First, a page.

2. What would this have meant to the author?

  3. What would this have meant to the original reader(s) both historically and contextually?

Another important facet to both exegesis and hermeneutics is the original language of the text that you are reading. The Bible was written primarily in two languages. The Old Testament was written in Hebrew (with Daniel and Ezra being the exceptions being written in Aramaic), while the New Testament was written in Greek. Do you have to be a Greek or Hebrew scholar in order to draw out both meaning and interpretation from a passage of scripture? Definitely not. I do encourage you though to utilize both Greek and Hebrew lexicons when aiming to know the fullness and true nature of what the author was meaning. I've often found different chapters and verses in scripture illuminating truth in my heart as I studied the definition of the original language.

As we approach the interpretation of scripture, we have to retain the truth that this is a book of truths from God that are pointed towards His glory and story of redemption; not a book aimed and glorifying man and our desires. Retaining this thought is wholly important in ensuring we are not applying our cultural biases and influences onto the inerrant and true nature of the Bible.


We have just barely touched the surface of both of these Bible study methods, but you might still be asking why does studying the Bible in this way matter when we can go to any sermon or teacher around us in order to discover what a passage or chapter is saying? Furthermore, why are both of these methods and approaches crucial in proper application to our lives today?

In order to live a life that is set apart from the rest of the world that does not aim to serve or abide by the word of God, we have to first know both in mind and heart what the Bible actually says and means. It simply is not enough to know a few verses of scripture in order to live a life abiding in Christ. If we are to bear much fruit that aims at glorifying God above man or self, Jesus instructs us that He is the vine, we are the branches, and this is only done by abiding in Him. In fact, He says apart from Him we can do nothing. (John 15:5) The most vital and crucial way to know and abide in Jesus is to know the Bible properly. The canon of the Bible points towards the story of God's redemption for man through Jesus. If we are to both see our sin rightly in light of the glory of God, we have to first know and then apply out of that proper knowledge of God's word.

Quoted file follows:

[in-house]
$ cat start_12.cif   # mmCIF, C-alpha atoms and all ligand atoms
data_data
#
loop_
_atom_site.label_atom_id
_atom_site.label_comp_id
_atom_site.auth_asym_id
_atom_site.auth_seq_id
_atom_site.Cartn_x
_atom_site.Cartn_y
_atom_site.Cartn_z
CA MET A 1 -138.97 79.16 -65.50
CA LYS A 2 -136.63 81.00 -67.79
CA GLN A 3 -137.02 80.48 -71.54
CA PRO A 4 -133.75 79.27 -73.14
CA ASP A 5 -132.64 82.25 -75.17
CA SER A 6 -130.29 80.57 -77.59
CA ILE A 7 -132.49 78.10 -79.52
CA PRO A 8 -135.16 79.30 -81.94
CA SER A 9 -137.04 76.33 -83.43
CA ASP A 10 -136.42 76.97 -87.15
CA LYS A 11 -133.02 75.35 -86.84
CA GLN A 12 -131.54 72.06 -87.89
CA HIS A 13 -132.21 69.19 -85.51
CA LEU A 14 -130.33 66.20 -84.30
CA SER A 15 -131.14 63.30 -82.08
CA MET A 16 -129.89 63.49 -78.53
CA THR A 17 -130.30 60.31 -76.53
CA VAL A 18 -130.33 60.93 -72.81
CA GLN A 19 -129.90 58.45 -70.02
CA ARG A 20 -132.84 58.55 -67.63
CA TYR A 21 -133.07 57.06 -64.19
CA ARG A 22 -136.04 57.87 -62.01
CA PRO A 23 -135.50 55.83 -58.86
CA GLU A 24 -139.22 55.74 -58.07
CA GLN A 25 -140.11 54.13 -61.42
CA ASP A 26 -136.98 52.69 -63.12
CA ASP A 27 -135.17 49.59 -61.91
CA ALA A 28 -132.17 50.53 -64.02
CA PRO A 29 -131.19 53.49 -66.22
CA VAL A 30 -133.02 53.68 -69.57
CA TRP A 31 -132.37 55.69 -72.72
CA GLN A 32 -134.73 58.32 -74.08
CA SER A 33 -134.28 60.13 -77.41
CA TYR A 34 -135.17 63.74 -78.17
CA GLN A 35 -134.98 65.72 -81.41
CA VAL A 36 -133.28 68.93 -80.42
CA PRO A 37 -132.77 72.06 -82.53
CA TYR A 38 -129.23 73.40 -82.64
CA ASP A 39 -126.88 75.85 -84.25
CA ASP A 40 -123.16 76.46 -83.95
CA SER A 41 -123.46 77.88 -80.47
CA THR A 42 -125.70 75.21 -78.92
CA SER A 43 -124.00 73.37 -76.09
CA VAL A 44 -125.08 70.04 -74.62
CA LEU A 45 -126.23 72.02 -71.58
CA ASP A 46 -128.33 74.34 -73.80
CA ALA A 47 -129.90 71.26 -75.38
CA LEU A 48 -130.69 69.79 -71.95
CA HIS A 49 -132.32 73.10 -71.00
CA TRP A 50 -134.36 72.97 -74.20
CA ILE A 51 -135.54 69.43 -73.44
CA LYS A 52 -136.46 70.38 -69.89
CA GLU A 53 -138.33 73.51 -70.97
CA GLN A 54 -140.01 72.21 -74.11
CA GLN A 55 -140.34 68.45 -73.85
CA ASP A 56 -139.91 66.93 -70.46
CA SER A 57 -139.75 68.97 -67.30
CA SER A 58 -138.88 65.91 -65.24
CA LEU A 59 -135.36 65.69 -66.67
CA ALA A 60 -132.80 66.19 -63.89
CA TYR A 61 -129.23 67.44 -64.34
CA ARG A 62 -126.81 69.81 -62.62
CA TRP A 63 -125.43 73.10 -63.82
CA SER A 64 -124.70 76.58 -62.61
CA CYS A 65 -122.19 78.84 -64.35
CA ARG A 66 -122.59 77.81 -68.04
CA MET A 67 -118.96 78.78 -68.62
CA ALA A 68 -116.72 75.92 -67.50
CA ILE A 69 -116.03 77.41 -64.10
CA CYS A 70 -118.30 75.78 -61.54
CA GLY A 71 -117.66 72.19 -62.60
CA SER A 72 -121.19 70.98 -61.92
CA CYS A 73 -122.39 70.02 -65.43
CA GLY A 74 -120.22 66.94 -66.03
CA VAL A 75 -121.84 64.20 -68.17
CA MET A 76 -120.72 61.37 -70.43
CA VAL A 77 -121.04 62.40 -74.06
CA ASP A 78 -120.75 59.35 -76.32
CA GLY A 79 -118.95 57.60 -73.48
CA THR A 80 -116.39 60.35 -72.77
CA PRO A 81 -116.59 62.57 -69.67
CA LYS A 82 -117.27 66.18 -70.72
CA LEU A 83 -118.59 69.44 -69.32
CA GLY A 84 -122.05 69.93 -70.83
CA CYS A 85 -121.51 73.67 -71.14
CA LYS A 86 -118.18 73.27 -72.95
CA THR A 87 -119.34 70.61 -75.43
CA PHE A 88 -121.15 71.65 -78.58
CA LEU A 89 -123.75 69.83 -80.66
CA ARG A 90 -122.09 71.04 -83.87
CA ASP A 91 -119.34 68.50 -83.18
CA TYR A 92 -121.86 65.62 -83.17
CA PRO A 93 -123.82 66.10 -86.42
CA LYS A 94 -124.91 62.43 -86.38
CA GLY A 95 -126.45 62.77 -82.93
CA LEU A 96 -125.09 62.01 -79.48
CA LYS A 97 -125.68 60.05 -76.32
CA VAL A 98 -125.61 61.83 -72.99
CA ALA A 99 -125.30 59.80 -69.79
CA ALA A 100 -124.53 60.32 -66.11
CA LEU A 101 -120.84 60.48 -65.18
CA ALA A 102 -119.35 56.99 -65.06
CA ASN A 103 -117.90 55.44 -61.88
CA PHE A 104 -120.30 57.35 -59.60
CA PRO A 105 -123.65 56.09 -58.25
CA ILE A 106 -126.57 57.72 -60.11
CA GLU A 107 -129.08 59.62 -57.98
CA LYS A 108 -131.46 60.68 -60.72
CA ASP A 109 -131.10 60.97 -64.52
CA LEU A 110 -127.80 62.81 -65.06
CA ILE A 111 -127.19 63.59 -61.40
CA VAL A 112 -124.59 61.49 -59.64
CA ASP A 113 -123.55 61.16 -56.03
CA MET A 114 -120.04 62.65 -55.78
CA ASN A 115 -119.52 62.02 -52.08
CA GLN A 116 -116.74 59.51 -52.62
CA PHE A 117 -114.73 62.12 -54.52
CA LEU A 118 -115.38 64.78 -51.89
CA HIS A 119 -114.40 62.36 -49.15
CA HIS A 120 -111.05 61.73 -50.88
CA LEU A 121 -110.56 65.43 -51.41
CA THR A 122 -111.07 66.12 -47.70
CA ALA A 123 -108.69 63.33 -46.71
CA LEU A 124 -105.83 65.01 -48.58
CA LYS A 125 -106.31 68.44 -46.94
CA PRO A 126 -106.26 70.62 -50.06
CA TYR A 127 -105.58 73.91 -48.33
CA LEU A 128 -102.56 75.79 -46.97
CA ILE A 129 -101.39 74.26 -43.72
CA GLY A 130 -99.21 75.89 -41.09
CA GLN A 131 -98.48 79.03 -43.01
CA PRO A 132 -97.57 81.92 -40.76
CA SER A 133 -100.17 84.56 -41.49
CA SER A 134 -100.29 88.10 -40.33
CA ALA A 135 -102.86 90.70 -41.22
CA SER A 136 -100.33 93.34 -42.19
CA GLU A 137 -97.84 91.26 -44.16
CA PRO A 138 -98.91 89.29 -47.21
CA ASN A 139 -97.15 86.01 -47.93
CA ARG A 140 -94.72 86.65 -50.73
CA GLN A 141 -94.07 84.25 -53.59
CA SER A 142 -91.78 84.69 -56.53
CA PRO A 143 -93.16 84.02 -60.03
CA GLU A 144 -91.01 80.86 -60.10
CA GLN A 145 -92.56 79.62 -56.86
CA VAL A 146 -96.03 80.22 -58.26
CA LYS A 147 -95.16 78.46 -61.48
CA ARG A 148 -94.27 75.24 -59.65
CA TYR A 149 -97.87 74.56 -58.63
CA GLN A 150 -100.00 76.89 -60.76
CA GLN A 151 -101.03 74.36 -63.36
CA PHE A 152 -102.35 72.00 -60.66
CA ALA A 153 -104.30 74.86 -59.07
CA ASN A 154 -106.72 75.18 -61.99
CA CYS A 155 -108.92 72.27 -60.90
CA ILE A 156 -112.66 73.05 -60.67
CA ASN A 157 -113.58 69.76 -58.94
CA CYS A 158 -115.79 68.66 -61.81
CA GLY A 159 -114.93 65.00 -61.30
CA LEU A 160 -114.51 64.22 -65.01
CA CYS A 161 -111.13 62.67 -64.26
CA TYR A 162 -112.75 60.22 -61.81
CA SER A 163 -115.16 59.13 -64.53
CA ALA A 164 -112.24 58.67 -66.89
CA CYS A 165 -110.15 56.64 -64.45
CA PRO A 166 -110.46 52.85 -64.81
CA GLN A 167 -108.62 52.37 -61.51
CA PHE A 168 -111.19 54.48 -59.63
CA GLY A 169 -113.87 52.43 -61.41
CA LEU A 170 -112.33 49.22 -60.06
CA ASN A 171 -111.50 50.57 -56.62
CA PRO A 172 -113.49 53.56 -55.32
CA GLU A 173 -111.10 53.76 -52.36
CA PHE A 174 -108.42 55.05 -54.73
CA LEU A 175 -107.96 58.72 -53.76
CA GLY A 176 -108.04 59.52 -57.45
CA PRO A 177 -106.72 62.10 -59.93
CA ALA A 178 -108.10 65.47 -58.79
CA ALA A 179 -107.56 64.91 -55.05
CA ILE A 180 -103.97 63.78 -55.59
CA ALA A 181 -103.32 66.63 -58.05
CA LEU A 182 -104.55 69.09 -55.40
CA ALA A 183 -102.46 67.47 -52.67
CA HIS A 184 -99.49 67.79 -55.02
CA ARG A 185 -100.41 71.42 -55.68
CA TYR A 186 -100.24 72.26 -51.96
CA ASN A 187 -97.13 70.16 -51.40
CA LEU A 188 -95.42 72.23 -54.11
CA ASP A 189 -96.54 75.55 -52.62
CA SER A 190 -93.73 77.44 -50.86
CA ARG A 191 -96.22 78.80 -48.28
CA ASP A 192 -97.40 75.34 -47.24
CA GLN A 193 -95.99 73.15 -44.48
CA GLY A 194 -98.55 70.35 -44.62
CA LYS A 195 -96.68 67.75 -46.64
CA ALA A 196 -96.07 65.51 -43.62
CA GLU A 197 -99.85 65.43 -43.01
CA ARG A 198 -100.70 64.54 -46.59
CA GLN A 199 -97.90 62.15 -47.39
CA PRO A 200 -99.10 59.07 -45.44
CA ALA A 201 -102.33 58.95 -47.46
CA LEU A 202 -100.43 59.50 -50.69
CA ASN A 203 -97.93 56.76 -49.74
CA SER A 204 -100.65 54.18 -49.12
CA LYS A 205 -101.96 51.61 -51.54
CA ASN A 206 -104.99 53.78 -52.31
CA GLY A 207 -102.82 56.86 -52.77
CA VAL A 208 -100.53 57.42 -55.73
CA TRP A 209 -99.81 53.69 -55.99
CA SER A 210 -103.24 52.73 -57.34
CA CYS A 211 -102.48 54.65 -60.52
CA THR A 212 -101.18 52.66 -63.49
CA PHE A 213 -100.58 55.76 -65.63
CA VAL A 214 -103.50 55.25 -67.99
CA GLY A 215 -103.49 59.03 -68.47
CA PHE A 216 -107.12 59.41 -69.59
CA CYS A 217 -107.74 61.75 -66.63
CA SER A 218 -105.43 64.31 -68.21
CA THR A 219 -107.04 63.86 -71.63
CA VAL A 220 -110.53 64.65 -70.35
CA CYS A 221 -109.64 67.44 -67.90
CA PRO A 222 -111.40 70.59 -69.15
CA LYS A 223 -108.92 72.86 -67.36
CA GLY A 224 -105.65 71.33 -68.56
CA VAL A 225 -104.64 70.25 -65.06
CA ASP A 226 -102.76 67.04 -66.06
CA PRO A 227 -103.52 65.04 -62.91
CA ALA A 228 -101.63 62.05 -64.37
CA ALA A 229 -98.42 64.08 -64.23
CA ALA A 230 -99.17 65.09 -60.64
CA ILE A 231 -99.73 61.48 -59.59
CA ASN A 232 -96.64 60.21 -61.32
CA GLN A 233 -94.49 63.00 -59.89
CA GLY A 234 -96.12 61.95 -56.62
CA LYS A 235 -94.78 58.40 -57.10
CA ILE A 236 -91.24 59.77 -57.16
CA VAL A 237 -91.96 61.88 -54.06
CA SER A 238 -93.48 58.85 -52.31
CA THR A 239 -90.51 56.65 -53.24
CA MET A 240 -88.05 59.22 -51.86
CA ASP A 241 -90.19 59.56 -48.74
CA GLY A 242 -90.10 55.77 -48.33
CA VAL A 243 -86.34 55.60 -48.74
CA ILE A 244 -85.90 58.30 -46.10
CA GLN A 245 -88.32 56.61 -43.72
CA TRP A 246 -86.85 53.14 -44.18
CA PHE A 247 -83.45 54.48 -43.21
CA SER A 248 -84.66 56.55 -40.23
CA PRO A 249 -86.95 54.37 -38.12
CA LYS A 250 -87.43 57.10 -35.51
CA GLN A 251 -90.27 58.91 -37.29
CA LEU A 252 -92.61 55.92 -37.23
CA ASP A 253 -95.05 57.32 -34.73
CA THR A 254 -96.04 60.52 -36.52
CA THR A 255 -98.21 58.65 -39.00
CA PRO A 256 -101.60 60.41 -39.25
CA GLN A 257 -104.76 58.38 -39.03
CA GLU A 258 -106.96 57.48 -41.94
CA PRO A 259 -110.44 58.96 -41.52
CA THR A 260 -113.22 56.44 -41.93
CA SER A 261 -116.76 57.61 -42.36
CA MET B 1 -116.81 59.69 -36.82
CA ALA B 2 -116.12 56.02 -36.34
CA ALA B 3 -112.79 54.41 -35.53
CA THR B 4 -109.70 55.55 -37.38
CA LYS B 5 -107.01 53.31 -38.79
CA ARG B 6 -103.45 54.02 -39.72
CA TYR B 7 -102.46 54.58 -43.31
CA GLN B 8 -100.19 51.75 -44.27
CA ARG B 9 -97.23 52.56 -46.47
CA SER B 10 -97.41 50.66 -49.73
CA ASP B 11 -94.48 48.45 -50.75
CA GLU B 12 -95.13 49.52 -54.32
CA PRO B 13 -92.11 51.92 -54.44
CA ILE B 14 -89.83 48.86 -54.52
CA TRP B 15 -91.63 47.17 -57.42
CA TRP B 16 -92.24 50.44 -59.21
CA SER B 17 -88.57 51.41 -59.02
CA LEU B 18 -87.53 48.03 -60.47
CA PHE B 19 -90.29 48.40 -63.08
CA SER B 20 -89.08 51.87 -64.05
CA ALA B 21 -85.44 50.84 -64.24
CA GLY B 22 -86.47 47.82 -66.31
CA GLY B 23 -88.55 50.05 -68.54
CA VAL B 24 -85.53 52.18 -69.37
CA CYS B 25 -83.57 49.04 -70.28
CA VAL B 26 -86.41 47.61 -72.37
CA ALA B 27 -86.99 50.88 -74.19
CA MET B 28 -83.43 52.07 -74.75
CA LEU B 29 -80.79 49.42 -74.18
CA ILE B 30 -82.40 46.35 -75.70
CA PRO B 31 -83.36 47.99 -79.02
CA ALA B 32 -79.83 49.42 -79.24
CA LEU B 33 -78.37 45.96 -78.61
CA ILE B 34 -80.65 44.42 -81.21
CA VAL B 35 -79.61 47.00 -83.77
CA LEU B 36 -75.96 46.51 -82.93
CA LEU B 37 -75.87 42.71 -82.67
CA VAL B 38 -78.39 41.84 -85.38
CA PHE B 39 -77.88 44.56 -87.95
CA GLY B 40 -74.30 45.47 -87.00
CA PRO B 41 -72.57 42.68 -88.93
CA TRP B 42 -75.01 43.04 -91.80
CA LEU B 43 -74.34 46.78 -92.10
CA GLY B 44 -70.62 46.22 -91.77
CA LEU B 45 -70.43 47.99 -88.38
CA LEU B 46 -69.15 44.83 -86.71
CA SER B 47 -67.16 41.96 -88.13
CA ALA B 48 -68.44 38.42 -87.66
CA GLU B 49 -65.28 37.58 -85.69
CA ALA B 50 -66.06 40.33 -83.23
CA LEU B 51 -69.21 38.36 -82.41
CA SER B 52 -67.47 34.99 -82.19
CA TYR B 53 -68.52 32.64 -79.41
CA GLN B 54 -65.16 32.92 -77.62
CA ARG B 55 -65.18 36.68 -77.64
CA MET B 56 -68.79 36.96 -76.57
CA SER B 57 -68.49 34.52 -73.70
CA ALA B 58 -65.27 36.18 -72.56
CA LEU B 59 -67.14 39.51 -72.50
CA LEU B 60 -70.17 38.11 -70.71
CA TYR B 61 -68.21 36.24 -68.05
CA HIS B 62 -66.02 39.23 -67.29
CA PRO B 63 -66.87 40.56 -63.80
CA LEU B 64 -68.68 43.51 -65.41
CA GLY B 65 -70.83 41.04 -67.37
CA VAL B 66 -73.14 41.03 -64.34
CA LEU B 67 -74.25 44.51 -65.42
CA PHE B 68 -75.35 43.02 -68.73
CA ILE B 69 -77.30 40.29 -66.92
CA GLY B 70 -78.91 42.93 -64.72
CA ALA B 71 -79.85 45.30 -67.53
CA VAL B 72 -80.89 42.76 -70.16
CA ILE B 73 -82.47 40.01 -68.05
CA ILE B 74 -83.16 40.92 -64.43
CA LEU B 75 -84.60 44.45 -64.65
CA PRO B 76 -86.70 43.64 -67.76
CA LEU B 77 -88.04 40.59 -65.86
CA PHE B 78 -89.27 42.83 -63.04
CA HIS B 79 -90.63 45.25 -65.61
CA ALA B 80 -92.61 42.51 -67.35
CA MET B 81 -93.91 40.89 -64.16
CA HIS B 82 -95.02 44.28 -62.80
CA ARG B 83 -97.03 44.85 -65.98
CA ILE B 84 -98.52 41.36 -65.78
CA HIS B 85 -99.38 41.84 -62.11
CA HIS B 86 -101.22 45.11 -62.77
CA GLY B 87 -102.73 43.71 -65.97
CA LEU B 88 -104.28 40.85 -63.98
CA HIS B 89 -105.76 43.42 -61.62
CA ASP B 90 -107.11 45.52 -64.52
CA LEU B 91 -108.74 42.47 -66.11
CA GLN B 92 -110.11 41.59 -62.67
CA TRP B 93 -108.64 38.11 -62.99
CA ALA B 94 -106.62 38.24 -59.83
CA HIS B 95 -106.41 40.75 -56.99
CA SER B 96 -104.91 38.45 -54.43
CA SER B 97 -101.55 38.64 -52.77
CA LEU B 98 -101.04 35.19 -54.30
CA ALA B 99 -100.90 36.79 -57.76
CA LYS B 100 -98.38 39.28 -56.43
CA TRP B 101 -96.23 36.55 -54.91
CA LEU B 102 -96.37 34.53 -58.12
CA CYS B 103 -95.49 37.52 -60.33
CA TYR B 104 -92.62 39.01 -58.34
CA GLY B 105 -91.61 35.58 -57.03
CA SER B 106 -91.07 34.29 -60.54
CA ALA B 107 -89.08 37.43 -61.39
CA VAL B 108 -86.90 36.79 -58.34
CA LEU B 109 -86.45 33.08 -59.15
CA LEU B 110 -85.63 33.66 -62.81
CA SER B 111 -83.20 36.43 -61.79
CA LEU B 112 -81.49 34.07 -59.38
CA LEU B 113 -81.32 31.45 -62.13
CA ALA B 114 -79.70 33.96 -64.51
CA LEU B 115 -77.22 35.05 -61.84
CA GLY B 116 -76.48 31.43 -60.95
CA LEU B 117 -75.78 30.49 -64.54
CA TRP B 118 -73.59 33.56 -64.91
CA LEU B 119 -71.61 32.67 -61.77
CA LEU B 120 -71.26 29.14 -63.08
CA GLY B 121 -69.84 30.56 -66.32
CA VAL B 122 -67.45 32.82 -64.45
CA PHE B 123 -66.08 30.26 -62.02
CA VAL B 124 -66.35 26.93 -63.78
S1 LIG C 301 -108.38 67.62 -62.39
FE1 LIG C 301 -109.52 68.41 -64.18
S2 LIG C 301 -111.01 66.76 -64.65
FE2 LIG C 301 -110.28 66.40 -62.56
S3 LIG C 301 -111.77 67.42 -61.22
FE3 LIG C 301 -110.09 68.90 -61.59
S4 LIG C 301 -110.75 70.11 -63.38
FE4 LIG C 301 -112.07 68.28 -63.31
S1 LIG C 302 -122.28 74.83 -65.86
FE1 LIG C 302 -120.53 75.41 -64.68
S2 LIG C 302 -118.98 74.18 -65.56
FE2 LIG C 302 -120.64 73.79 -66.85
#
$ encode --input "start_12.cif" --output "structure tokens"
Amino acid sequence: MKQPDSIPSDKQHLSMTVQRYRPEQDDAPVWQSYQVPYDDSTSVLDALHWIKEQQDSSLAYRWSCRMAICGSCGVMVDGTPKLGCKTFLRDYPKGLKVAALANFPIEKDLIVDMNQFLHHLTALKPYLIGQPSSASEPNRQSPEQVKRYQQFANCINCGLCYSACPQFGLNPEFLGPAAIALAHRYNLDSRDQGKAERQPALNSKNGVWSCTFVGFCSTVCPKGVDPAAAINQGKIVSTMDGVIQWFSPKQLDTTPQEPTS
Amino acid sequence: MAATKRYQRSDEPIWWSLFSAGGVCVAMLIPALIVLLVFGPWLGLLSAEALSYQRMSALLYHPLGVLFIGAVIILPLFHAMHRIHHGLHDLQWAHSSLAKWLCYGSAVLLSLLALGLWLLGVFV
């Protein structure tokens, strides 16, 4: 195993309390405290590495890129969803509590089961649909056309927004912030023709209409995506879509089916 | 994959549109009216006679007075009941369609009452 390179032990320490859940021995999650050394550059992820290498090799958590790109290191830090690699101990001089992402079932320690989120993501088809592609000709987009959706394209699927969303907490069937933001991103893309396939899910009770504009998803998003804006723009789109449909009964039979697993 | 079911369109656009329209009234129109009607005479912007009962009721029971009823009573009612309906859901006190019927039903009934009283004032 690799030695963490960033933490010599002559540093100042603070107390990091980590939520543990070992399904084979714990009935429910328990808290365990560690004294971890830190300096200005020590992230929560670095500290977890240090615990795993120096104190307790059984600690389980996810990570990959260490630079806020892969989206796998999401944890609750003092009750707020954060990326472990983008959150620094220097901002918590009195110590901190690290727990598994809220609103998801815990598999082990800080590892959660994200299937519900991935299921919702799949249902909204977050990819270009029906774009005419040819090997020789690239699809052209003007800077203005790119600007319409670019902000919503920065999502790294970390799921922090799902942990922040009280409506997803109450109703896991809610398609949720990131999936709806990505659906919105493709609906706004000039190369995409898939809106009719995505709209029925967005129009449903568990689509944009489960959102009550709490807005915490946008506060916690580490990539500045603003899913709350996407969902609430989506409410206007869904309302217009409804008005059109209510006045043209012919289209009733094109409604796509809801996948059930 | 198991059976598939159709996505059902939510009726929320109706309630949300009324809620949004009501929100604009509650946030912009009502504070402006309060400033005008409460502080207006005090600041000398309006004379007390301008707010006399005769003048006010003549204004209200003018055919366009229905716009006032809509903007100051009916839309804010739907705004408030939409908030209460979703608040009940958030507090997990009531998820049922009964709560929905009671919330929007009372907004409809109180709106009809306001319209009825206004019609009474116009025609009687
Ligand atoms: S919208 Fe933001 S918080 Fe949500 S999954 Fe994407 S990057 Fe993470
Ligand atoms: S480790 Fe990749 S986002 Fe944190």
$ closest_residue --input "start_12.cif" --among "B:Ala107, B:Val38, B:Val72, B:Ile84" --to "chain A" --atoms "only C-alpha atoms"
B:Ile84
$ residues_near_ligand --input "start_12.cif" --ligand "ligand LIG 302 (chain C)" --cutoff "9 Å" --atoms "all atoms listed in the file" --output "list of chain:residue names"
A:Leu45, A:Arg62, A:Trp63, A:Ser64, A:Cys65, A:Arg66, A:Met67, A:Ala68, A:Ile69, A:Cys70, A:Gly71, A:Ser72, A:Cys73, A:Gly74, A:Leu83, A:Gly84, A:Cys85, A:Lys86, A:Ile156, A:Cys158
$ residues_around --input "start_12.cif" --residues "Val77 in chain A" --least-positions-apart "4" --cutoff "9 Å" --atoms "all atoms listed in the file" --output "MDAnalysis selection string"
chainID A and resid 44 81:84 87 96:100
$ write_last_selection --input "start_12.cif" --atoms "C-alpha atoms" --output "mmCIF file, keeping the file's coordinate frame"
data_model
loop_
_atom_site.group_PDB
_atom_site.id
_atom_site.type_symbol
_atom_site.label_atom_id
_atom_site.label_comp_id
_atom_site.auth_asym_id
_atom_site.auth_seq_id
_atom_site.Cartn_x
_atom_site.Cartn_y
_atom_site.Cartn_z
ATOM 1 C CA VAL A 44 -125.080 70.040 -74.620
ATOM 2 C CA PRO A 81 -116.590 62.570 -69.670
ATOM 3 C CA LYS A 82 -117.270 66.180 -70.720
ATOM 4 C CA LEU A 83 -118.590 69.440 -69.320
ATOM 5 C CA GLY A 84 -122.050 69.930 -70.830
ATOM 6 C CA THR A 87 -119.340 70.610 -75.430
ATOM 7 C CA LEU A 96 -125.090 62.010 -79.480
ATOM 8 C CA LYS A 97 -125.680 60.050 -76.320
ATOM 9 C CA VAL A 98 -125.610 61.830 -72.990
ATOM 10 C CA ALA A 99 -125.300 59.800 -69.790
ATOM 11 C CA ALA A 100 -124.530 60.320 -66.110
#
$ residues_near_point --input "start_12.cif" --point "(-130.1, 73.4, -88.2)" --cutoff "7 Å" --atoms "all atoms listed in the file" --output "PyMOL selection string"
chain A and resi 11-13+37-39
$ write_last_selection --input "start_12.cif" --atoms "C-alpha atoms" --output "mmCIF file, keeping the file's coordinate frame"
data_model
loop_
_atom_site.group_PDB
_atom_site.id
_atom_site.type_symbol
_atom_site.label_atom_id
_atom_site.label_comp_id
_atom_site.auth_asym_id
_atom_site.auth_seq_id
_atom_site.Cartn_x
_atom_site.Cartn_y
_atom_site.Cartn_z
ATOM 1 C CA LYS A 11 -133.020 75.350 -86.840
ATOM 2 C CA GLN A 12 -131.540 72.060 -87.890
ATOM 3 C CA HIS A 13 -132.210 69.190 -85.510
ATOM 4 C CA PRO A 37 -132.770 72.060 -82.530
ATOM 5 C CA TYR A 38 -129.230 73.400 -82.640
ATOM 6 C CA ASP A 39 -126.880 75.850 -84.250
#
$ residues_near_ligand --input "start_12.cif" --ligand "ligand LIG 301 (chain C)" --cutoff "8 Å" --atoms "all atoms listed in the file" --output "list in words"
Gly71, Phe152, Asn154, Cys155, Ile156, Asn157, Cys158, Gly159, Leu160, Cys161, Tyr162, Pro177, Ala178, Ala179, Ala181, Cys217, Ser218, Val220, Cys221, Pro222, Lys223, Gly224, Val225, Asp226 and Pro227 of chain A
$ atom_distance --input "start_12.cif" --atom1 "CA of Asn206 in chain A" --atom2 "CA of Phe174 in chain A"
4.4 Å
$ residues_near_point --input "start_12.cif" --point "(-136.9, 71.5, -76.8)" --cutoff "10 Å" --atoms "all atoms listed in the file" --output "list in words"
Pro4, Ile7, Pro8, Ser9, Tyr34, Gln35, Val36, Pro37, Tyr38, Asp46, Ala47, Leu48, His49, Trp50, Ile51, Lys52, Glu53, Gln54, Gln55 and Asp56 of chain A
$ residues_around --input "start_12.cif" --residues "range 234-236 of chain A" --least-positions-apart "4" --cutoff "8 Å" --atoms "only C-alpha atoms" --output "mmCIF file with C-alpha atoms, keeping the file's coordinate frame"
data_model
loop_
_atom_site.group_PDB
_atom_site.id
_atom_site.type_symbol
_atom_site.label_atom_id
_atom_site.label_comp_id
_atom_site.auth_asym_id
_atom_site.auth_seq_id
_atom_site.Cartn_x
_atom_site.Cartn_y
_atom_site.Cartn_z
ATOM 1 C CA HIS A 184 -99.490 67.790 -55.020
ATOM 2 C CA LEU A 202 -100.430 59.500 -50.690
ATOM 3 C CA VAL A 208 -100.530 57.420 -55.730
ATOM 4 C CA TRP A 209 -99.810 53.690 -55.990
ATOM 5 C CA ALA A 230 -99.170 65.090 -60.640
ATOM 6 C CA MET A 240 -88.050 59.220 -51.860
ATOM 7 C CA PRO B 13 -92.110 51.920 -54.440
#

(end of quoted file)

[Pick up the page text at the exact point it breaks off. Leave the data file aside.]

It is not simply enough to fill your head with all the knowledge of scripture. If we cannot live out of the truth we discover through exegesis and hermeneutics, then our lives are not aimed at being the light and salt of Jesus. We can fill our heads with knowledge until we are the most scholarly and theologically sound people in our communities. But if we are to live out the command to make disciples of all the earth, we have to apply the transformation of our minds that happens as we know God's word more and more. It is not an act of striving to receive blessings or salvation, but instead living life knowing all of it is to be for God's glory because of His abundant grace and mercy He showed each of us who are His through Christ's death and resurrection.

For we were once dead in our sins, but through God's rich mercy and great love, we are made alive together with Christ. (Ephesians 2:4) So, we do not study the Bible either to apply our bias and desires for its meaning and intent or to fill our brains with only head knowledge without application. Rather, through our ultimate purpose of being in relationship with God and glorifying Him as holy in all we do, we are to approach and study the Bible knowing as we do, our lives are transformed through the renewing of our mind.

Let us strive to enter the rest of Jesus as we study the Bible properly, knowing that it is living and active, sharper than any two-edged sword, piercing to the division of soul and spirit, of joints and of marrow, and discerning the thoughts and intentions of the heart. (Hebrews 4:12)

I pray these very introductory approaches to the proper study of the Bible help to encourage you to know it more and more; knowing it is where we find ultimate and eternal joy, hope, and truth to live a life abiding in the one true holy God.